5 ways journal-writing can help you promote yourself and your work

Journal writing offers time and space for us to ‘work in our life’, to discover our underlying interests, talents and skills, and to recognise our own unique style and approach. This is as true for us whether we’re in business, whether we want to find a way to connect with other people, or whether we have a product idea that we’d like others to engage with and buy. Our journals are somewhere to do our homework, to reflect on what we want to achieve and how we want to get there. Without this thorough exploration and self-awareness under our belts our promotional efforts can be a bit hollow, and certainly unsustainable. The fact is authenticity is attractive and it sells.

So here’s what journal writing does:

  1. It helps us get clear on what we want to say – and how we want to say it
  2. It enables us to view the choices that are available to us and understand the pros and cons objectively (there’s nothing like a list!)
  3. It forces us to identify promotional approaches that work for us – you quickly come to recognise the physical feeling you get when you’re on to something
  4. It stops us from chasing wild geese ideas that intially seem exciting, but which quickly make us feel exhausted just thinking about them
  5. It develops our authentic voice and reveals the thread of our own integrity weaving through all our thoughts and activities

These things become more apparent over time, and through a well-established reflective writing practice. However with the right quality of attention paid to our physical responses, our energy level and the words that flow from the end of our pen, transformative discoveries can be made quite rapidly and our approach could change in a flash.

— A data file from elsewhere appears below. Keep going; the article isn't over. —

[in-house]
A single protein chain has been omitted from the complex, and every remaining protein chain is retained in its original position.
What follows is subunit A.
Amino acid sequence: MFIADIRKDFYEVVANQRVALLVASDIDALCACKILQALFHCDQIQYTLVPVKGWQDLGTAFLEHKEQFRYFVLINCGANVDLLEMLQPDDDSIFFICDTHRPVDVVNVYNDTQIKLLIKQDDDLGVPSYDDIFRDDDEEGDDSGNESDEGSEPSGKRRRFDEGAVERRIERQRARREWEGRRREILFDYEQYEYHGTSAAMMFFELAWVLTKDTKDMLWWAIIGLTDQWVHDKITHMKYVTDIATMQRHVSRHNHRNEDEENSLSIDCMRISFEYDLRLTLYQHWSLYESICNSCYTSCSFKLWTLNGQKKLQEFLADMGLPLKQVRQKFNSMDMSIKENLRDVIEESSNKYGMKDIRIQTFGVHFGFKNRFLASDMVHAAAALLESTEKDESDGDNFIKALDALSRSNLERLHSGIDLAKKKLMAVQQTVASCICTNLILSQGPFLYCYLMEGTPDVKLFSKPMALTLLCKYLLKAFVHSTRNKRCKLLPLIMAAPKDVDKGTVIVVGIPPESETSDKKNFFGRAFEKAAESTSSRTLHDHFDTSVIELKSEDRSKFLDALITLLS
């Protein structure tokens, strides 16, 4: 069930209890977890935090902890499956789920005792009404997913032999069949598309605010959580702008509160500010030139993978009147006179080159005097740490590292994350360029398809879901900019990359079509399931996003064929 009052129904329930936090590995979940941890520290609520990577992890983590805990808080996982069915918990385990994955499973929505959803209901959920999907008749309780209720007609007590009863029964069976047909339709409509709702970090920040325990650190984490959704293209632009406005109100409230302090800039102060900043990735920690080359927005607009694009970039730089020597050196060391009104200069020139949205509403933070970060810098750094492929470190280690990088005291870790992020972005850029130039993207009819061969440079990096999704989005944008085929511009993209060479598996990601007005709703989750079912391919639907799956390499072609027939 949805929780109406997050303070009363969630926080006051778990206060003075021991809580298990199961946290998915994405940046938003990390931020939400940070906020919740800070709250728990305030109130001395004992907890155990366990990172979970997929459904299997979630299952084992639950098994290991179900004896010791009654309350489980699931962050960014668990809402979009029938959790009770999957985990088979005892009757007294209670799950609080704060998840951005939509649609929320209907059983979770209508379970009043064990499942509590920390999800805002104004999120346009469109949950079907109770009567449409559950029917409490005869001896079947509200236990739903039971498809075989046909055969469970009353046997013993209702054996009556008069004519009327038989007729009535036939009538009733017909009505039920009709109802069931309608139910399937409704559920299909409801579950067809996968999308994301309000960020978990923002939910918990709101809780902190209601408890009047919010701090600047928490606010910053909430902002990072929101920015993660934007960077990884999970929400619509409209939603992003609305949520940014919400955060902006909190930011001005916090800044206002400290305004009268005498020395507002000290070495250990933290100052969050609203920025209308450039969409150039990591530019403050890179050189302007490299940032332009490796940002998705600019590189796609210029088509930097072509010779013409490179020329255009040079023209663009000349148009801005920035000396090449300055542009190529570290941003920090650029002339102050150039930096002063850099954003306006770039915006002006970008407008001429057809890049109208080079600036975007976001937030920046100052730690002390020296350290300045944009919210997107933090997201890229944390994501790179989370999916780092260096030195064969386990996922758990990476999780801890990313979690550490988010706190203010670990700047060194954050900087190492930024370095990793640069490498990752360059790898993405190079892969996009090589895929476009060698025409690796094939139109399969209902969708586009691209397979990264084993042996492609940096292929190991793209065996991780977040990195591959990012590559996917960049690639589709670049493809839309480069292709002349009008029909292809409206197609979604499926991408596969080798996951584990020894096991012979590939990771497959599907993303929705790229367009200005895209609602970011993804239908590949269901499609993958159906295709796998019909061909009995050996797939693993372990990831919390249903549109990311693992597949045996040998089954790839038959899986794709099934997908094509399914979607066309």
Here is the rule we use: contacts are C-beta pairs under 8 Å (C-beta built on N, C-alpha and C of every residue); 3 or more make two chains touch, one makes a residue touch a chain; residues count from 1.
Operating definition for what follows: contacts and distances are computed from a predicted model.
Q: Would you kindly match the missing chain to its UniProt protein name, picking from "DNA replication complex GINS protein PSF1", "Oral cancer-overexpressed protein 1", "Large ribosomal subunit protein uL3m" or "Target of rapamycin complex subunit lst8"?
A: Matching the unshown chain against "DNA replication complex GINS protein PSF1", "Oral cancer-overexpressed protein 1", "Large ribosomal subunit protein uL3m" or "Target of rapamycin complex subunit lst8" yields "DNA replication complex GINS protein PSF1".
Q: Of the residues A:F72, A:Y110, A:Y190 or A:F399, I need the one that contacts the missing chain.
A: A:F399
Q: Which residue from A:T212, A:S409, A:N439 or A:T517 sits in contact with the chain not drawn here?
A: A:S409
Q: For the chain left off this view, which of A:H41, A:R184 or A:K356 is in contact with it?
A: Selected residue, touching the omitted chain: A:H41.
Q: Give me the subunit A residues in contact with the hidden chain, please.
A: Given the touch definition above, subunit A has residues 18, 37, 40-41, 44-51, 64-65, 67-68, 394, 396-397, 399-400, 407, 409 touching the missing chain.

Filed under Journal Writing

6 responses to “5 ways journal-writing can help you promote yourself and your work

  1. I’ve tried keeping a journal before, but I inevitably lose it, or forget to write in it, or … okay, totally making excuses 🙂 I do keep about seven different notebooks, though — does that count?

    • Hi Michelle – good to hear from you and thanks for your comment. I love that you’re keeping seven notebooks! My only question is whether so many reflects any cluttered or scattered thinking? It’s interesting that we use the term “keep” a journal – like it’s a pet! Presumably we don’t lose our pets because we love them and have invested care and attention in them. Same with our journal, which can become a great companion. Of course one key difference between a journal and a pet is that you don’t have to feed it, so it doesn’t matter if you forget to write in it for a while. It’ll still be there, waiting, when your remember! Have fun journaling!

  2. You’re going to make me really think about what I’m doing aren’t you! Crack that whip mrs x

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